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Is low inflation a signal for RBI to cut rates?

The CPI inflation that measures the extent of retail inflation in India has been on a consistent downtrend over the last few months. This trend has been more pronounced since the last monsoon which resulted in a bumper Kharif output. The chart below captures the gist of the retail inflation story over the last one year..

The sharp fall in the inflation rate has been largely led by food inflation which constitutes nearly 50% of the overall CPI inflation. With the combination of tepid IIP growth and consistently lower inflation, the question is whether it can be construed as a signal for the RBI to cut rates? The following factors will determine the trajectory of the RBI..
1.  Will food inflation stay low during the year?
The sharp fall in food inflation has been driven by two factors viz. higher output and limited exports. Additionally, the strong rupee also made imports cheaper and that also led to a glut in the economy. Things could change for two reasons. Firstly, the government has already increased the MSP of paddy and pulses and that is likely to increase the food inflation. Secondly, the government is likely to encourage exports of pulses this year, which could further increase the price of pulses in India. Also, the imports could become costlier due to a slightly weaker rupee. Food inflation could be trending at a slightly higher plane this year.
2.  What happens to non-core inflation?
Non-core inflation is basically consisting of housing, clothing, medicines, fuel and transport. The price of crude oil has a very important bearing on the non-core inflation. Over the last few meetings, the Monetary Policy Committee (MPC) has been dwelling on the issue of non-core inflation as the major risk factor for overall inflation. But with the US and Libya flooding the global market with oil, the overall non-core inflation is likely to remain tepid during the year.

3.  What happens to the value of the rupee?
The value of the INR plays a very important role in determining the extent of imported inflation. Normally, a weaker rupee tends to make imports costlier and results in imported inflation. For example, India imports nearly 80% of its oil requirements and that means any weakening of the INR will lead to importing oil inflation from other countries. While the INR could show signs of weakness from the current level of 64.5/$, any major depreciation of the INR looks unlikely as capital flows in India are likely to remain robust. Thus, imported inflation is likely to remain subdued for the year.
4.  Global cues will matter for the RBI..
Global cues in the form of Fed rates and Fed taper as well as the action of other central banks will matter to the RBI when it takes a decision on rates. The Fed rate was hiked by 25 bps in June and is likely to be hiked by another 100 bps by the end of 2018, as per the Fed guidance. The Fed rates are critical because FPI flows into Indian debt depend on the rate differential between the US benchmark and the Indian benchmark. If the rate compresses beyond a point and the INR stays volatile, it results in a risk-off trade wherein FPIs will sell out of Indian markets and buy into safer global markets. To avoid this scenario, the RBI may prefer to maintain the rate differential. Additionally, the Fed decision to taper will also matter. Taper entails reduction in the bond portfolio of the Fed and that could create a liquidity crunch in markets. However, taper could also mean that US yields could go up and hence the Fed may choose to go slow on rate hikes. All these factors will be critical in determining the RBI rate path.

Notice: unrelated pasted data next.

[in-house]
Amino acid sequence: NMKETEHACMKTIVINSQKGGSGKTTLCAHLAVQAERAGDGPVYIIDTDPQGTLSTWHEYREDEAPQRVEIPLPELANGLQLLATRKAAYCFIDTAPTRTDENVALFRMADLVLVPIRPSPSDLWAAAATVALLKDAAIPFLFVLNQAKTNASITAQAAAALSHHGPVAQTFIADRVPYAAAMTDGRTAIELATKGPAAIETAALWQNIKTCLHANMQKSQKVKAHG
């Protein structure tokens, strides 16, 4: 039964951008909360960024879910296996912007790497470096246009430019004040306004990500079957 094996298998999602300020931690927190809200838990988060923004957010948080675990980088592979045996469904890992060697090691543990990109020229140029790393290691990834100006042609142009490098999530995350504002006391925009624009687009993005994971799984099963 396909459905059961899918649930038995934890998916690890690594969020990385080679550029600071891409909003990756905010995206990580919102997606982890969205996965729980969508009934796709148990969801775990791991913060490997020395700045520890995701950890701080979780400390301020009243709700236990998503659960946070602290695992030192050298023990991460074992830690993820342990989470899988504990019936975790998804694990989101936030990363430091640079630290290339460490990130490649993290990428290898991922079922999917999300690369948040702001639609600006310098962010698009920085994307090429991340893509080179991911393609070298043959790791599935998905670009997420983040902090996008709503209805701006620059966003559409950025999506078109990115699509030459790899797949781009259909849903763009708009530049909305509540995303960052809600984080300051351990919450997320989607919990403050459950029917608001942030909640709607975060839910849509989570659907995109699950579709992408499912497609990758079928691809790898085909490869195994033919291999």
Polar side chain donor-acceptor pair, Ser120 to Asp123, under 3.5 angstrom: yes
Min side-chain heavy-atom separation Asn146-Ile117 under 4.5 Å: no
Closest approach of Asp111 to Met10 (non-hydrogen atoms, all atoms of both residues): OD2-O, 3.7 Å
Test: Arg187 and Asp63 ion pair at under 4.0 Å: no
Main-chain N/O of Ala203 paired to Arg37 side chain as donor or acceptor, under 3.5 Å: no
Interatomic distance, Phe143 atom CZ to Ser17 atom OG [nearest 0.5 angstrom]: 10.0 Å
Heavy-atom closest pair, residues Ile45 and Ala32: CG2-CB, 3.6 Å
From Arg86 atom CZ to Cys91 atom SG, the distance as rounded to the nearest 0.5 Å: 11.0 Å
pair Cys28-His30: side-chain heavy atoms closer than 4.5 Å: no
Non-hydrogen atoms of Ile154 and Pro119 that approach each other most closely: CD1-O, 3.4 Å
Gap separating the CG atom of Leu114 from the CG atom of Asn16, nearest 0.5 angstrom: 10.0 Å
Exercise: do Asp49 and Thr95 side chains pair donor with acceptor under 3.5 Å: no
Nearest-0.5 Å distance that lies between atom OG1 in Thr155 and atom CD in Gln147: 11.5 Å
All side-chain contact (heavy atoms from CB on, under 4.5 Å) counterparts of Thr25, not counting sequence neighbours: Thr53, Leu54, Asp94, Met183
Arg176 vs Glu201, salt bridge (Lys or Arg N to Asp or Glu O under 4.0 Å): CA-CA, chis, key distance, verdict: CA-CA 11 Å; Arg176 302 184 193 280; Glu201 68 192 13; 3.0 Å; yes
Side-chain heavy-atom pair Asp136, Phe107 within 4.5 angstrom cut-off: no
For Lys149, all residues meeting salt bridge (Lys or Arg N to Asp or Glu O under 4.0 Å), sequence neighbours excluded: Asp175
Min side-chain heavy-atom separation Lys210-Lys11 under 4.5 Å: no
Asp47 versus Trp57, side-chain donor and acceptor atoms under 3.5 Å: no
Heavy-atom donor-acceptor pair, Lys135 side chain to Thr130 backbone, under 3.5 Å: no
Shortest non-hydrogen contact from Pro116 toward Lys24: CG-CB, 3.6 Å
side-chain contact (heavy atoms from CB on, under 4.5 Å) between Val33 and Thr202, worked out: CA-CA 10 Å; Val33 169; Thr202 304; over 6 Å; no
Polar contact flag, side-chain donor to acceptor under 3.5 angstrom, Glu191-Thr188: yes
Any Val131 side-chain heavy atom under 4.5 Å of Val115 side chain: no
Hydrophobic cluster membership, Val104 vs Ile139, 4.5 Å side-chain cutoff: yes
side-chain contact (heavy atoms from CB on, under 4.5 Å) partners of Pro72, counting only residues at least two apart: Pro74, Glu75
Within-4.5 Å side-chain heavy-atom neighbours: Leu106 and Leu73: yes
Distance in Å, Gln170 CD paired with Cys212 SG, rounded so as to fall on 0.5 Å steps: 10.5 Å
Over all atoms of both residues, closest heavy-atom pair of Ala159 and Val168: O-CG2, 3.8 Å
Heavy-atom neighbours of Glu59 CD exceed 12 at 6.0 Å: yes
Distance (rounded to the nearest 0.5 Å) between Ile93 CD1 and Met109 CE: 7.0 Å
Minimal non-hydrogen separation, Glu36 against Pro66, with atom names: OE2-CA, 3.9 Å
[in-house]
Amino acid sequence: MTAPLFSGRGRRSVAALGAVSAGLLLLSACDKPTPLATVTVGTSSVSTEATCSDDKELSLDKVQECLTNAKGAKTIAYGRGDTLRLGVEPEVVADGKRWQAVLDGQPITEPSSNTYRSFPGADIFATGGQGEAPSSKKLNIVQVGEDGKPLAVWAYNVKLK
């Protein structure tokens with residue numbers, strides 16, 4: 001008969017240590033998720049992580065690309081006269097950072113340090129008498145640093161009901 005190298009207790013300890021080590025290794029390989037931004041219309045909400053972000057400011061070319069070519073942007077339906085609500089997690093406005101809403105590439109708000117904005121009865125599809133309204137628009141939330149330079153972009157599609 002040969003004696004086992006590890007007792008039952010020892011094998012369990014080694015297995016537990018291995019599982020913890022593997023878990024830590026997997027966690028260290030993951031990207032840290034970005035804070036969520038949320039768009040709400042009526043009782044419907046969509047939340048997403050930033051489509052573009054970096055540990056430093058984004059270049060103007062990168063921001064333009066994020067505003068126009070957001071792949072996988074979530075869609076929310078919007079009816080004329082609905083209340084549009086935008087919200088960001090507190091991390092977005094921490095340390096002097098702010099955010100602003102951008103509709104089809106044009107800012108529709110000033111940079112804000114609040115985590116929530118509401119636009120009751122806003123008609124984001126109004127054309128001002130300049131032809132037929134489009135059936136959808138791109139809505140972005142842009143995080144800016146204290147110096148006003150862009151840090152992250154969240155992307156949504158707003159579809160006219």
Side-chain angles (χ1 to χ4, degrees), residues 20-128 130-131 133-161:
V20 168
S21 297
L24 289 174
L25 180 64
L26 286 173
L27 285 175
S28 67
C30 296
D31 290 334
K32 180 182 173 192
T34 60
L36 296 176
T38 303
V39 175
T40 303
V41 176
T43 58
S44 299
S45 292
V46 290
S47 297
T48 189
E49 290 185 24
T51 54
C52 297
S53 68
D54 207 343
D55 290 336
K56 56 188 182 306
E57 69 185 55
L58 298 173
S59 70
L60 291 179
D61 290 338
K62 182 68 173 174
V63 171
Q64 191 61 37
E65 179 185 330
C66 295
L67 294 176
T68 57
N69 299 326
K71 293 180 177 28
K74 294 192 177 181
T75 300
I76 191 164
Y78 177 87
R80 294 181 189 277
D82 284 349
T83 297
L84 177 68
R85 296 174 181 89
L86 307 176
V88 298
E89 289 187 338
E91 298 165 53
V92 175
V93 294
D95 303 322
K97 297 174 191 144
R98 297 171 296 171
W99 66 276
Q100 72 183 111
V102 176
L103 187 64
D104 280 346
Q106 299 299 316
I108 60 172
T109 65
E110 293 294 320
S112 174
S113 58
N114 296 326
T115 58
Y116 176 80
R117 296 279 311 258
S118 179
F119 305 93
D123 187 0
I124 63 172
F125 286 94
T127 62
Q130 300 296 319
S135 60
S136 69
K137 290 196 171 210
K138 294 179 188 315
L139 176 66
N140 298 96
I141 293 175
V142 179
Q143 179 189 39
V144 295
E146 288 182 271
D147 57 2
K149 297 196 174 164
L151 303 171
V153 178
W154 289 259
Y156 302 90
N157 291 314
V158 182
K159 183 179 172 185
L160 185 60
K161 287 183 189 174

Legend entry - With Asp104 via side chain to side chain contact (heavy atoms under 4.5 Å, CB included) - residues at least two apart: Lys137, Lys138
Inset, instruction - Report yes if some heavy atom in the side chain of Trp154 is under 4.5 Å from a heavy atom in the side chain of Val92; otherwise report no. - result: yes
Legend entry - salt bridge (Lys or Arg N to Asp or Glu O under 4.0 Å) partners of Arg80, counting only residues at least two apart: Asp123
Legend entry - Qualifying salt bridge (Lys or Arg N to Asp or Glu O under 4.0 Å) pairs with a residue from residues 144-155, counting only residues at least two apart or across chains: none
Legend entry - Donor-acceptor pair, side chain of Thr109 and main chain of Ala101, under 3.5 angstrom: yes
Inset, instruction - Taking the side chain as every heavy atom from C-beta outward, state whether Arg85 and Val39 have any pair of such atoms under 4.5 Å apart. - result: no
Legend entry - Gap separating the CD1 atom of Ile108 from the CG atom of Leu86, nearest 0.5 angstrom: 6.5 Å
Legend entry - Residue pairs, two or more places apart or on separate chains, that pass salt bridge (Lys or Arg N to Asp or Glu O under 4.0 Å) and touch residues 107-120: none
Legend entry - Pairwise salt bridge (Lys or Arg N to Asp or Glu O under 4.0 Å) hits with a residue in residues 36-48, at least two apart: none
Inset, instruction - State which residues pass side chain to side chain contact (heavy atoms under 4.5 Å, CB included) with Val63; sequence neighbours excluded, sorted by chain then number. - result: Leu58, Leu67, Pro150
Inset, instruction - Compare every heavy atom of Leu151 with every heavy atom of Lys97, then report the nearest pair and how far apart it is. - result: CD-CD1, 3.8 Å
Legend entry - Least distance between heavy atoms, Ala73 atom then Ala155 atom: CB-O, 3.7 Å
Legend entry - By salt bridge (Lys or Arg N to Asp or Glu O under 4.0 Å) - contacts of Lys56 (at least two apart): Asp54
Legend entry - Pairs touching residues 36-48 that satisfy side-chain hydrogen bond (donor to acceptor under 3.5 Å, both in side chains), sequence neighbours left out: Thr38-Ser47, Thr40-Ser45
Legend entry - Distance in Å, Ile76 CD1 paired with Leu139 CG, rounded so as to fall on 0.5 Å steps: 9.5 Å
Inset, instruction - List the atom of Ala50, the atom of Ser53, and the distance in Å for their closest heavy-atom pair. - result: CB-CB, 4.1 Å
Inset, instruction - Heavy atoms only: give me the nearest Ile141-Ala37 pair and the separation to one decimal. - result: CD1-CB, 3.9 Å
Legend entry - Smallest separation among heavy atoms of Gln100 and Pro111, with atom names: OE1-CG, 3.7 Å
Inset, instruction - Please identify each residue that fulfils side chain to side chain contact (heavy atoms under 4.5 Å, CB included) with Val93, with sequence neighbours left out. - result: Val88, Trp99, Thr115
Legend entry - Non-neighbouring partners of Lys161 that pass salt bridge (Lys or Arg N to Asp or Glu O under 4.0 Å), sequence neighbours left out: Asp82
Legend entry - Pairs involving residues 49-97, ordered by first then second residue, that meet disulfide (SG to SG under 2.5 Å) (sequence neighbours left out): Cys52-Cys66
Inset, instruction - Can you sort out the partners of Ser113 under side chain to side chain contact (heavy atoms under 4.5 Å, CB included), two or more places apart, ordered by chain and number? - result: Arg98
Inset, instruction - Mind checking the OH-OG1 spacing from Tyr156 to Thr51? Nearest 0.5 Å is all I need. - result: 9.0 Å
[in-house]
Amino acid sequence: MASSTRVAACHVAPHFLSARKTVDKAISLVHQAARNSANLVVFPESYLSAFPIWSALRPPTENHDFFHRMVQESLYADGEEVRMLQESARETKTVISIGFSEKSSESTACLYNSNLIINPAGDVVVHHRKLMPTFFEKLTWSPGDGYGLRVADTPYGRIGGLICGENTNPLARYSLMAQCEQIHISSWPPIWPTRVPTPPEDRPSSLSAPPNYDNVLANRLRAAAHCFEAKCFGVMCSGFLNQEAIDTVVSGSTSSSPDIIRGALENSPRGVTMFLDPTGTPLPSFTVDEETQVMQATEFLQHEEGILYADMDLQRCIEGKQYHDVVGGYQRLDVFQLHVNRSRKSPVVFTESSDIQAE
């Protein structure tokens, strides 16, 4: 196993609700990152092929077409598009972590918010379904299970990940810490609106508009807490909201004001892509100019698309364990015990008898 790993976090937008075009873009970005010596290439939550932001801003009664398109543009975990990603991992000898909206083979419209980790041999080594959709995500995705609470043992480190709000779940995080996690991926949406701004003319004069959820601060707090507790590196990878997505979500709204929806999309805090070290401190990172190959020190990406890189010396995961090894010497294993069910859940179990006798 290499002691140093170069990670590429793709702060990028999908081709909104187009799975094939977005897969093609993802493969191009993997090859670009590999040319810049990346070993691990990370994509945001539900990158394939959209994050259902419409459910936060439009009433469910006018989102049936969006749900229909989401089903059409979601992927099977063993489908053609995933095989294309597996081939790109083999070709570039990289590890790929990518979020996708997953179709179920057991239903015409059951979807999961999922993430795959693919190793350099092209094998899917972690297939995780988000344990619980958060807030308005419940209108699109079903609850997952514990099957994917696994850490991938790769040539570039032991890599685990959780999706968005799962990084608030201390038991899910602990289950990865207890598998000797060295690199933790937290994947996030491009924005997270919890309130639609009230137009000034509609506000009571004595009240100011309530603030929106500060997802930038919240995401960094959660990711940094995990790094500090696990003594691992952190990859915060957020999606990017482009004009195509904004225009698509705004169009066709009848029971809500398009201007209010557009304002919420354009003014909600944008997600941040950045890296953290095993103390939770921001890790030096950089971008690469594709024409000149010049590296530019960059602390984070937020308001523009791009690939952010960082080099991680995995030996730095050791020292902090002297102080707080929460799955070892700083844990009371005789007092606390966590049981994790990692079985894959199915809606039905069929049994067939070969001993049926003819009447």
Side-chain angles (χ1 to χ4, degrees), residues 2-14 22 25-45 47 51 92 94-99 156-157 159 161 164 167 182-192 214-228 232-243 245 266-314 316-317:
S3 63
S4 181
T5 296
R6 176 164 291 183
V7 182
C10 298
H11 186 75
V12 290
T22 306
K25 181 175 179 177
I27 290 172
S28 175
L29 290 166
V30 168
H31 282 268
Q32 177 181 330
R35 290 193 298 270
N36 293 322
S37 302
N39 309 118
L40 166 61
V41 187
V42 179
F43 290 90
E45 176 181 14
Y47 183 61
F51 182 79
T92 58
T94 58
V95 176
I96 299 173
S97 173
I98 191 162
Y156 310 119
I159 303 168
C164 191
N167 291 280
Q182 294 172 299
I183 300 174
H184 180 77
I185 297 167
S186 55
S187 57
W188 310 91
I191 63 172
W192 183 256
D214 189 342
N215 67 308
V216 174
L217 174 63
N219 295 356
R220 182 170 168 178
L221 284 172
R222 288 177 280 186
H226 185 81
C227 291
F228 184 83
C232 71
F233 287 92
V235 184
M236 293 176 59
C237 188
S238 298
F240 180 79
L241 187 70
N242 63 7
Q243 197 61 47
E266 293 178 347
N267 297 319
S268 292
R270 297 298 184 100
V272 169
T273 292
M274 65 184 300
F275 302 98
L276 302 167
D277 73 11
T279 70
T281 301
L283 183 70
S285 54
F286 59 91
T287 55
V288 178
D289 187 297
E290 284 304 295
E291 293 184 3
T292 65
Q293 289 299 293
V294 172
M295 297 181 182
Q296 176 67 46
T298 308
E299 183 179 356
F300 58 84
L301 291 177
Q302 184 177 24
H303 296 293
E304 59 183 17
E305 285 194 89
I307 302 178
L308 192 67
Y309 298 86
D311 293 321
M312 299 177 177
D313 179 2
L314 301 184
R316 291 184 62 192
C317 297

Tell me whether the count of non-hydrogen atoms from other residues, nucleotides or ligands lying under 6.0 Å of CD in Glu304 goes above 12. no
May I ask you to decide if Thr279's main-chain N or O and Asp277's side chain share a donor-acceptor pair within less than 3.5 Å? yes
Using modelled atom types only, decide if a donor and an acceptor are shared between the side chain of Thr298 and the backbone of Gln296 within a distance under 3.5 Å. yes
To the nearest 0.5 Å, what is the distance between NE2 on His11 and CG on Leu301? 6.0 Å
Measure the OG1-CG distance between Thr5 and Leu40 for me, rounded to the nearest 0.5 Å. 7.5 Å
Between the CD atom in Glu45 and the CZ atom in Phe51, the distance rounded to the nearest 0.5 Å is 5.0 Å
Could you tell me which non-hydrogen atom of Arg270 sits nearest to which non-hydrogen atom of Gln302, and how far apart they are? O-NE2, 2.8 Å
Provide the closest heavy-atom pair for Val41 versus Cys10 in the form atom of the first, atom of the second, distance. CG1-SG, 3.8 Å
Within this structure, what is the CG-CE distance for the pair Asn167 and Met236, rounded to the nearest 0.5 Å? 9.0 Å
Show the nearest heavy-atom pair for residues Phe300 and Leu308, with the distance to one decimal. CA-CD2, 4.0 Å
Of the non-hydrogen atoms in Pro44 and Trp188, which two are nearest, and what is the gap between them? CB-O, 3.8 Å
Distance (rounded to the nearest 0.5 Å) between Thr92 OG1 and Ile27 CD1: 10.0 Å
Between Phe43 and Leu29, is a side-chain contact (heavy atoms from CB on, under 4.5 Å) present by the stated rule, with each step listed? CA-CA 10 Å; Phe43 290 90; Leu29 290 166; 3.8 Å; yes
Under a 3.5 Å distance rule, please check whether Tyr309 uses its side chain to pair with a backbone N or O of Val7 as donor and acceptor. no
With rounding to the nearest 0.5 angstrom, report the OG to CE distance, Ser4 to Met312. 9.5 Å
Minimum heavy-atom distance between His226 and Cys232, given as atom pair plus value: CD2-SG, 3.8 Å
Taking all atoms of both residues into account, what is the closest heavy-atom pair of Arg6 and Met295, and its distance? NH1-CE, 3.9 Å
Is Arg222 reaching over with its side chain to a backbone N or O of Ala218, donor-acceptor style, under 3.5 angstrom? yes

5.  What justifies the shift in stance?
The big question that the RBI needs to address is, "What justifies a shift in stance"? Back in the February policy, the RBI had changed the stance of monetary policy from Accommodative to Neutral. In the April policy, the RBI governor had even warned the markets to be prepared for a rate hike if required. The big challenge for the RBI will be to decide whether the situation will justify a reversal in the stance. Normally, the central bank does not change its stance unless there is a very strong justification. That could either come from a structural shift in inflation or a major change in the stance of the Fed.
Considering the recent rise in the MSP for paddy and pulses and the uncertainty over the spread of rainfall this year, the RBI may prefer to wait and watch for now. The low growth in IIP may be a justification but the core problem is that credit demand is not picking up or banks are not in a position to lend. Neither of these situations can be rectified by a rate cut. But above all, the key challenge will be the very volatile global scenario. The RBI may decide to wait and watch all these data points and probably take a rate decision in its October policy. How the RBI deals with its monetary stance in the August policy may hold the key!

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